Radiation exposure from Japan power plants - should we be concerned?

April 15, 2011

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David Crouse, Ph.D.
As part of UNMC's response to the devastating 9.0-magnitude earthquake in Japan, David Crouse, Ph.D., interim vice chancellor for academic affairs, explains what we should know about the effects of nuclear power plants that leak radioactive materials.

Traces of radiation have appeared in the metro area, what should we know about exposure?
Radiation safety guidelines make it clear that any unnecessary exposure should be avoided if possible. Fortunately, the levels of radiation detected in the United States are well below those that should cause concern and appear to be declining. Indeed, they are only slightly above exposure levels that occur naturally in some places in the world or in association with things like intercontinental flights or routine radiographic procedures, like a chest X-ray exam.

Reminder:

Planning meeting for UNMC Japan relief set for Monday

What are the long-term effects of radiation exposure?
With the levels seen in the United States, there would be no expected long-term effects. However, in the region immediately surrounding the reactors in Japan (out to say 15-25 miles), and depending on your exact location, duration and type of exposure (e.g., skin versus ingested), there may be long-term effects. Based on available information and the experience from Chernobyl, you might see a small increase in cancer of the thyroid, particularly in children. Fortunately, the public was largely evacuated from that area, limiting exposure and reducing possible long-term effects.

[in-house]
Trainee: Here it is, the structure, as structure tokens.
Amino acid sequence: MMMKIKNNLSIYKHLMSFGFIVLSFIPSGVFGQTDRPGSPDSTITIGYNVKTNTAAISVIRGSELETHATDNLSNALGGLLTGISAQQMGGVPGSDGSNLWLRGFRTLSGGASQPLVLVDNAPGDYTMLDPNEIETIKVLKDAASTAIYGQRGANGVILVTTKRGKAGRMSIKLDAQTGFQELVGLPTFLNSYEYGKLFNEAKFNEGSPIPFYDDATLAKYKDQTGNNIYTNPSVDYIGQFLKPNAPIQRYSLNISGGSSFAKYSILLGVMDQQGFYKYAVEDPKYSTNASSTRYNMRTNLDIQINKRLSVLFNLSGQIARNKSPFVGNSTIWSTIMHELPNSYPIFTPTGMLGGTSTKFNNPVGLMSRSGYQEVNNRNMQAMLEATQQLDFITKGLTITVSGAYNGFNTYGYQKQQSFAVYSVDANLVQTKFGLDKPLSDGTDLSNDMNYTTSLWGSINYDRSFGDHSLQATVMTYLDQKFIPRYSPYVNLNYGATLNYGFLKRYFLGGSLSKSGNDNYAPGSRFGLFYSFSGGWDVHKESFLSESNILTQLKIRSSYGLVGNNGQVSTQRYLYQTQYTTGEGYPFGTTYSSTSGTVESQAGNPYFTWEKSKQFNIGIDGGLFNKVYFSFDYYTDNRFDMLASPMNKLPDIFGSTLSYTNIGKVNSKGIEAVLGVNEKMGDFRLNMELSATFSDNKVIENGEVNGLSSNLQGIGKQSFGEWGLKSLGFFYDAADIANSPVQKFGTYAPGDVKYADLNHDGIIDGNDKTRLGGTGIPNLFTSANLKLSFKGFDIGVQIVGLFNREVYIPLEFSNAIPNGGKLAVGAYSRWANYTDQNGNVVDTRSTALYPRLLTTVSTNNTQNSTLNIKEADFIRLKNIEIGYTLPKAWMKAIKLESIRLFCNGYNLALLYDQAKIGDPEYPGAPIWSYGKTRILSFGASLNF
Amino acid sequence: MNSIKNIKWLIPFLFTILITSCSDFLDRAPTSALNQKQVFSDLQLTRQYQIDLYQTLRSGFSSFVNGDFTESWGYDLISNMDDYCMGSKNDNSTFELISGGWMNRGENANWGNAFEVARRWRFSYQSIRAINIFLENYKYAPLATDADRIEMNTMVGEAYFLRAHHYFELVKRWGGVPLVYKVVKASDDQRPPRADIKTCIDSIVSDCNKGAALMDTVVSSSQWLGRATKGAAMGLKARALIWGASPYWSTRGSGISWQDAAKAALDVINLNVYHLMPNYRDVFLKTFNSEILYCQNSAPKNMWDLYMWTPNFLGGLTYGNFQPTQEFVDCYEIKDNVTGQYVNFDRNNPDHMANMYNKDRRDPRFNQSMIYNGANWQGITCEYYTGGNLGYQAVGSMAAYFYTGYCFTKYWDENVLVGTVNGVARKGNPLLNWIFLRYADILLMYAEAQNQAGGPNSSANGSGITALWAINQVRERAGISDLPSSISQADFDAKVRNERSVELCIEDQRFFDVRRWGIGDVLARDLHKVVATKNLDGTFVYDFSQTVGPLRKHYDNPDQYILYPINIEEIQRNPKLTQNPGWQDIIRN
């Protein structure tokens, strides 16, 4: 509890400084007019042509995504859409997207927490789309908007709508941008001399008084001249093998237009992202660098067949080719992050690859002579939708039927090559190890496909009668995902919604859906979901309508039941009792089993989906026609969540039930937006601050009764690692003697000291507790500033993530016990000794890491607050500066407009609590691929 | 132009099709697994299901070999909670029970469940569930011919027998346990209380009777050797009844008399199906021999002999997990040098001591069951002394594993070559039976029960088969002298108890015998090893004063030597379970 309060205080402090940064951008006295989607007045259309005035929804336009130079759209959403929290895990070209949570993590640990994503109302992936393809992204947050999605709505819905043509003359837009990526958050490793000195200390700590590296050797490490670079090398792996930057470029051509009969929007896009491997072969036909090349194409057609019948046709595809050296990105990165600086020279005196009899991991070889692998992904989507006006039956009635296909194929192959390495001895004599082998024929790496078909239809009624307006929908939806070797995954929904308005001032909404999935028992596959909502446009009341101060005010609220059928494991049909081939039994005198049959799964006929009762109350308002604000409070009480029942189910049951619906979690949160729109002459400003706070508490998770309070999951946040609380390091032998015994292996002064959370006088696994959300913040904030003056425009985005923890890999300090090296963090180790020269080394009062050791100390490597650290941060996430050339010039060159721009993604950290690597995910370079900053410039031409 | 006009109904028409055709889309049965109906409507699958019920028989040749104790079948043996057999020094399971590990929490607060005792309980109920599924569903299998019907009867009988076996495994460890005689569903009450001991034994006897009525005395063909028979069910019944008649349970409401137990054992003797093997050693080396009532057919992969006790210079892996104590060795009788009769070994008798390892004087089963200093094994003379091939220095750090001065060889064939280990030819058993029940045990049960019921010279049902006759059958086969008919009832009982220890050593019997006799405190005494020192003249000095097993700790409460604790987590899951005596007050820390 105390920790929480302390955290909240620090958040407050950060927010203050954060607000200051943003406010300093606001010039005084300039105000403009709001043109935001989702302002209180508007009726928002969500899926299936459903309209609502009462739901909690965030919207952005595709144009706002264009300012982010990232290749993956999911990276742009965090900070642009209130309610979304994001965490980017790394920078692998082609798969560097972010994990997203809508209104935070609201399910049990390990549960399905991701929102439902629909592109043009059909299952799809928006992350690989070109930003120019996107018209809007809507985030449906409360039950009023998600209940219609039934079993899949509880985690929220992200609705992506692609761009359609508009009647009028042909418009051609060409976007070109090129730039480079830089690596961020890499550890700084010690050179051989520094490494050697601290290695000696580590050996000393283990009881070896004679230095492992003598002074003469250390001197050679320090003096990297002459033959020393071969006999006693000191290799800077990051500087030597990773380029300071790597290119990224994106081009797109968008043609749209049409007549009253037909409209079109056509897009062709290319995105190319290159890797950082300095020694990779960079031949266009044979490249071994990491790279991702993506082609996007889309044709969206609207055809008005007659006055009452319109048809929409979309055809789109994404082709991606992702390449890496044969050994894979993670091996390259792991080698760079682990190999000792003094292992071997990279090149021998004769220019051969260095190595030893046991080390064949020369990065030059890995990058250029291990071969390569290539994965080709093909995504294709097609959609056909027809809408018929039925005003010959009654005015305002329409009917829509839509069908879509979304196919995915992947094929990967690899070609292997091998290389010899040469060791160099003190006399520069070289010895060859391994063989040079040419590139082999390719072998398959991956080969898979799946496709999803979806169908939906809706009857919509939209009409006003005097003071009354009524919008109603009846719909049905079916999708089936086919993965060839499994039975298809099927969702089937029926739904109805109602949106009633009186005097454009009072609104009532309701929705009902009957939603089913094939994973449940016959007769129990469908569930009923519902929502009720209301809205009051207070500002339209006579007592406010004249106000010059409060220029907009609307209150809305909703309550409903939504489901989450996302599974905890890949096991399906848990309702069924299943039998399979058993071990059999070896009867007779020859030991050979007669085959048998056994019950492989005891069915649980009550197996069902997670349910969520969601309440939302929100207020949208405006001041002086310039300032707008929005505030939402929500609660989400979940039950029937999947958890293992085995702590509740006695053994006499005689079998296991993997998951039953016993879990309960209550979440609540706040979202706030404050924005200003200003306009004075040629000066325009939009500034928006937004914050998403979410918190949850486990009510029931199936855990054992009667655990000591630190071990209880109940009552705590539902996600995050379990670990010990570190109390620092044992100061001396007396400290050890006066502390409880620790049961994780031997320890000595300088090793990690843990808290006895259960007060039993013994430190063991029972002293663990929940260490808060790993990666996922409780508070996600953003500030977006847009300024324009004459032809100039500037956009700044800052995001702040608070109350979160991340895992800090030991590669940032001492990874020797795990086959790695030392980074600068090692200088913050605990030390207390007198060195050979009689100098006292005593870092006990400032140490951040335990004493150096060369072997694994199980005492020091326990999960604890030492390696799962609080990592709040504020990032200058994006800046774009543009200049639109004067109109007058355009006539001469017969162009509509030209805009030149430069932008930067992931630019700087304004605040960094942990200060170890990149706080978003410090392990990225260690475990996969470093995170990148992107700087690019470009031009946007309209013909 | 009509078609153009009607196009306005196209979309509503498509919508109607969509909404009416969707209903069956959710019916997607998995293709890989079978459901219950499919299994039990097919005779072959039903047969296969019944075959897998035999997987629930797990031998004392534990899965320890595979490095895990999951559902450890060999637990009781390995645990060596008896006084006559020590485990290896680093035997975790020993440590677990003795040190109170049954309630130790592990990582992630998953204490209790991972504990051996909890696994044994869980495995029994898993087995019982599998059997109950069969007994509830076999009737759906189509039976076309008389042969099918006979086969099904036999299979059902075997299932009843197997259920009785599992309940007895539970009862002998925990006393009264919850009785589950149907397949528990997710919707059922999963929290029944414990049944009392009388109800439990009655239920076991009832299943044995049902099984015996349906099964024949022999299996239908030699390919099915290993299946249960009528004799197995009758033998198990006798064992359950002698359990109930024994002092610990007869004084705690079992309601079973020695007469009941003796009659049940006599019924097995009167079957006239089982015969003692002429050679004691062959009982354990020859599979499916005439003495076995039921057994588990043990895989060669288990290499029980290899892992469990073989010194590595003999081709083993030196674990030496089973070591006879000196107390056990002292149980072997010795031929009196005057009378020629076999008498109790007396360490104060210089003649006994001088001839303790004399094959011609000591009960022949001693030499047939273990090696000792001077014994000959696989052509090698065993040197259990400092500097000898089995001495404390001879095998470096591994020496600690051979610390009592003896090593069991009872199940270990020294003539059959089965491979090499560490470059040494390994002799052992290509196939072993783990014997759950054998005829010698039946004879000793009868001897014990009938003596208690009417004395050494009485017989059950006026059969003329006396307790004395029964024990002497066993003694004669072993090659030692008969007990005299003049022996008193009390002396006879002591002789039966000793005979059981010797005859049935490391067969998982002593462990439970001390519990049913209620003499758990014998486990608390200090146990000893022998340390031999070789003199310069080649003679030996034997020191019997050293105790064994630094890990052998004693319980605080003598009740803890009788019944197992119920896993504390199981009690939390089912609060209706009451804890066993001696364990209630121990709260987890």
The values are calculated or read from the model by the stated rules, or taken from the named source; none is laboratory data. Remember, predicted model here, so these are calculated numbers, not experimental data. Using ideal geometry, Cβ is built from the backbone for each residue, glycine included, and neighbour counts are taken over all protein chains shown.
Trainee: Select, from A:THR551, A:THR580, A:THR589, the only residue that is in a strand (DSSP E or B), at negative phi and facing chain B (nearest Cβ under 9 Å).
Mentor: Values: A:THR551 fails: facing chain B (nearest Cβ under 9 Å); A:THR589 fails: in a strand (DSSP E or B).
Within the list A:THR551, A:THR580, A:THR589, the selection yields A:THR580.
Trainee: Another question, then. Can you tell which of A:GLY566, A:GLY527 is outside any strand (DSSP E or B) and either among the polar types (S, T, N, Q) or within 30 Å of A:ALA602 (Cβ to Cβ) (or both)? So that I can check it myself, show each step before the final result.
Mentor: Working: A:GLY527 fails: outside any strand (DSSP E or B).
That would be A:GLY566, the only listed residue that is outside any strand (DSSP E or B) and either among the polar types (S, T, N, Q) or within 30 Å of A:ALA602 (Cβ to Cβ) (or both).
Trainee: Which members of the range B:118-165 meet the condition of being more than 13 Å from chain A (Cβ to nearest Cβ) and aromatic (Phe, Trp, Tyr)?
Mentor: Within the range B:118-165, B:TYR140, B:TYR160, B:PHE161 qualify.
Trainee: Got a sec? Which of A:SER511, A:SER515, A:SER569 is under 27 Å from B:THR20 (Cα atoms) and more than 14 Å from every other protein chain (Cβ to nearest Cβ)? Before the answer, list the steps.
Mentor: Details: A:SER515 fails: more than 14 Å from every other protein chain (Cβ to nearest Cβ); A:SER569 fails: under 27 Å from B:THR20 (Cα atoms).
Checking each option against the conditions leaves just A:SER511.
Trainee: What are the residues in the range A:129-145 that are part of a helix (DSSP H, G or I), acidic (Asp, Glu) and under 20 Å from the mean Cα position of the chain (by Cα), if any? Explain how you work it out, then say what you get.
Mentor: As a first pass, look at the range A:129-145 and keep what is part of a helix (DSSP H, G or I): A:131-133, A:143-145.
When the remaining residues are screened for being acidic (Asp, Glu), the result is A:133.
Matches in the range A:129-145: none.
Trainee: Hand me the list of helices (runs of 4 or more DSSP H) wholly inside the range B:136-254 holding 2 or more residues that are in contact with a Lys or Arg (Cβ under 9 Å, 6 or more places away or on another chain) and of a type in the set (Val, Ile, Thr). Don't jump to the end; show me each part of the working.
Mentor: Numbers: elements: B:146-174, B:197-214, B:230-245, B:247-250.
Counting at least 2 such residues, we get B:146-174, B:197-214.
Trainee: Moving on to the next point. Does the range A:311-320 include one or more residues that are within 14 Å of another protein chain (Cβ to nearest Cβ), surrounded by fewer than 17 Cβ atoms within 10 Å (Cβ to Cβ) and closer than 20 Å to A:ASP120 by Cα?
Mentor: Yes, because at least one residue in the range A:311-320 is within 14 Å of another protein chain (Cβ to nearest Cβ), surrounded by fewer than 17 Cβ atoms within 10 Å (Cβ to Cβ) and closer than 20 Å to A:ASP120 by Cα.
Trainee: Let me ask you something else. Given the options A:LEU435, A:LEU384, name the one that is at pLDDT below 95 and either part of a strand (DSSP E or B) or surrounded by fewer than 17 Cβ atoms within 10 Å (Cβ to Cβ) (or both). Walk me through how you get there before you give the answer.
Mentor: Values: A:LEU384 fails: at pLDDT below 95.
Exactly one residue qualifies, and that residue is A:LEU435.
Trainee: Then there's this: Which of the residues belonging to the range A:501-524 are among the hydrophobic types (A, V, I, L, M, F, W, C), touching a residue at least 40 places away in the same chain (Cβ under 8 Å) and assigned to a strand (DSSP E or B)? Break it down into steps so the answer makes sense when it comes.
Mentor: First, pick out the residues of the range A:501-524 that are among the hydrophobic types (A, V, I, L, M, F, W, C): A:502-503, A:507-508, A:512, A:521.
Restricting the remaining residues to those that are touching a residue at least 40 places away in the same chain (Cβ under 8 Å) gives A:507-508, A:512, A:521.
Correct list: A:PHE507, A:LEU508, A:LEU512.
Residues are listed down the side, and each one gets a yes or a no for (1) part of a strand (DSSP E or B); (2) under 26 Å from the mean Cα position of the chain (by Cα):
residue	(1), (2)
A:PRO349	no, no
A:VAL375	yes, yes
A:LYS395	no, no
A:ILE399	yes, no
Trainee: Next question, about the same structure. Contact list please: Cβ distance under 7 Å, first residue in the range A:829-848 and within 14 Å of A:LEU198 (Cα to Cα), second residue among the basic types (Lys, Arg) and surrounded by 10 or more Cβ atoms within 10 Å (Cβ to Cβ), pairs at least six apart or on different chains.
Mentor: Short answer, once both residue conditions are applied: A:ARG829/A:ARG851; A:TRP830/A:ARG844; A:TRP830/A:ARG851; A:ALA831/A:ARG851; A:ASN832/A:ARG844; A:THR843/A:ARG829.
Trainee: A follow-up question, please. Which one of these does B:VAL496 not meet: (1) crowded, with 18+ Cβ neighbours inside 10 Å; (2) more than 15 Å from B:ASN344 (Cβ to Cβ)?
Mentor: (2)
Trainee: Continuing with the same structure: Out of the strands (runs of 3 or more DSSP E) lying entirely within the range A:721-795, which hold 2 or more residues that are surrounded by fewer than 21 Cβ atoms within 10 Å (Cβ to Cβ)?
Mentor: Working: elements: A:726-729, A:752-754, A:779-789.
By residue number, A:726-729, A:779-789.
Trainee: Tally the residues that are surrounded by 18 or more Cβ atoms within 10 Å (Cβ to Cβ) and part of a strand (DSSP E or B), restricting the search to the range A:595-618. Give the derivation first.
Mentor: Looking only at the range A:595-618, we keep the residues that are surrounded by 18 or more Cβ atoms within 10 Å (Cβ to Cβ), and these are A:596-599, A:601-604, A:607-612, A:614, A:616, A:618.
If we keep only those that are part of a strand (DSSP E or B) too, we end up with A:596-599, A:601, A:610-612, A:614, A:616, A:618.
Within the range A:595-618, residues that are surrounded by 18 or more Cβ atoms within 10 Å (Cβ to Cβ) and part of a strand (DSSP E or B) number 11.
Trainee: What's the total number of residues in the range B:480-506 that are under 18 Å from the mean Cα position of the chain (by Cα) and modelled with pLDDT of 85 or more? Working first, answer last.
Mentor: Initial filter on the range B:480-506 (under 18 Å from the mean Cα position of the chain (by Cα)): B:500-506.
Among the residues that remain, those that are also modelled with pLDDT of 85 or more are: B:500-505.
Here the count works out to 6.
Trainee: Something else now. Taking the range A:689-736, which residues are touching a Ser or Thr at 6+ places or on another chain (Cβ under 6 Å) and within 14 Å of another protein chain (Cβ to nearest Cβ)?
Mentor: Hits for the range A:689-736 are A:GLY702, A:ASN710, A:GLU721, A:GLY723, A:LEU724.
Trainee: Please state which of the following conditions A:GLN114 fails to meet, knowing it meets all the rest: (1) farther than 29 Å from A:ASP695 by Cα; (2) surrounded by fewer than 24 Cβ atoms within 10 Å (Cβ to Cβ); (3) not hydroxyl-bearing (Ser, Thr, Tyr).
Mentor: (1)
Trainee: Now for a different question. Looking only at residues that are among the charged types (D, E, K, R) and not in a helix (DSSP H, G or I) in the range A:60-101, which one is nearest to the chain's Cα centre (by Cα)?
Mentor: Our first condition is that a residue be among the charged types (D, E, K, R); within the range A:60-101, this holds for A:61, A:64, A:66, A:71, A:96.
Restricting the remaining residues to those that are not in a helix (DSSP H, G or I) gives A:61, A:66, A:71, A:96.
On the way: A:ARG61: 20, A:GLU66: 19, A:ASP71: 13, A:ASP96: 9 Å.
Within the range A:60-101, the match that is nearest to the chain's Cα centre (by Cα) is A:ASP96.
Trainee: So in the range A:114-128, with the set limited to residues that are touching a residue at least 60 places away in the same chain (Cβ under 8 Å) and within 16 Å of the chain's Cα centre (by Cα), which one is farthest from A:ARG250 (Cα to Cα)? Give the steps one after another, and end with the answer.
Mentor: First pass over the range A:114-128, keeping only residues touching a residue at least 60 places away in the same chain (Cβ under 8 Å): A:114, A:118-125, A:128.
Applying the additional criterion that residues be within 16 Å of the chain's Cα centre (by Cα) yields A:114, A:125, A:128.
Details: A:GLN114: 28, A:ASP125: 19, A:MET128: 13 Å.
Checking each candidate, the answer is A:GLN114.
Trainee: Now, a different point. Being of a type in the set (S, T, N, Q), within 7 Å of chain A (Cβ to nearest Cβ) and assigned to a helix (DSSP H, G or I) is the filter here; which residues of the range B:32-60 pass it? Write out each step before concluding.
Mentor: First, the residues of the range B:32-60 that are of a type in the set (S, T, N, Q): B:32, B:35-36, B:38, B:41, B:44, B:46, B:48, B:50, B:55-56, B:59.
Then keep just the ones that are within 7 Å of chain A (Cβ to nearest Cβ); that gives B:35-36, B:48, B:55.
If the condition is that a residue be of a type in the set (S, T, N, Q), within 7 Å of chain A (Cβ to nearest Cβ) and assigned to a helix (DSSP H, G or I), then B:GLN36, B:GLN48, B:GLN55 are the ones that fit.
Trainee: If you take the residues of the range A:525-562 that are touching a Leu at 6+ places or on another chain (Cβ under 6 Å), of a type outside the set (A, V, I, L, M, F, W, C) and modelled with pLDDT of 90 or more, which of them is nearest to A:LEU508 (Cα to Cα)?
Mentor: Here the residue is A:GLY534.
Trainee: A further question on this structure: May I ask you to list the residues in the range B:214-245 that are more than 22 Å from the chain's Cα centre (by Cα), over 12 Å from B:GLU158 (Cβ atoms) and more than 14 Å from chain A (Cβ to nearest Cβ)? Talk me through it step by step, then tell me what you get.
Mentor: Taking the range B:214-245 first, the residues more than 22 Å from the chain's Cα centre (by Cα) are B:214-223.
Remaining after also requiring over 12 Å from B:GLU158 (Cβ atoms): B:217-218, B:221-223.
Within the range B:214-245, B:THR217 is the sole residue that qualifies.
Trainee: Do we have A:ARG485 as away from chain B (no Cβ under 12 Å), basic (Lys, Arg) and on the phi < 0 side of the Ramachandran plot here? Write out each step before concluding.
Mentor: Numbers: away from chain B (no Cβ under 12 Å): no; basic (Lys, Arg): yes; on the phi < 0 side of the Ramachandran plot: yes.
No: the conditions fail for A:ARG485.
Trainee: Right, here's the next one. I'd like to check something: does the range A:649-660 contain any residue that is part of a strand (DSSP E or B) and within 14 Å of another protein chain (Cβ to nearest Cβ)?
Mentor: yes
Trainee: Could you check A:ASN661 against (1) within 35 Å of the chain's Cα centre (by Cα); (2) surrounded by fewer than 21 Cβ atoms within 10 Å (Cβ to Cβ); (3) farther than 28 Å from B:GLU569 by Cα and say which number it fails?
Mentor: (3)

What are the environmental concerns?
Any additional presence in the environment is not good. That is even more true for long lived isotopes like cesium-137. If present in the soils around the reactor, it may cause, as is true in the Chernobyl area, a very long-term problem that could prevent public occupancy. With respect to the sea in the area, concerns are largely alleviated by the tremendous dilution that would be present. The impact on seafood from the region would likely be transient and so far, has been minimal though concerns remain high.

Is there anything else that people should know?
The effects of the actual earthquake and tsunami in Japan have been enormous and require long-term help. Although there is great concern about radiation effects, their present impact compared to that from the actual physical disaster, is small. One last point, using potassium iodide pills for preventing radiation effects here in the U.S. is a waste of money and possibly a hazard.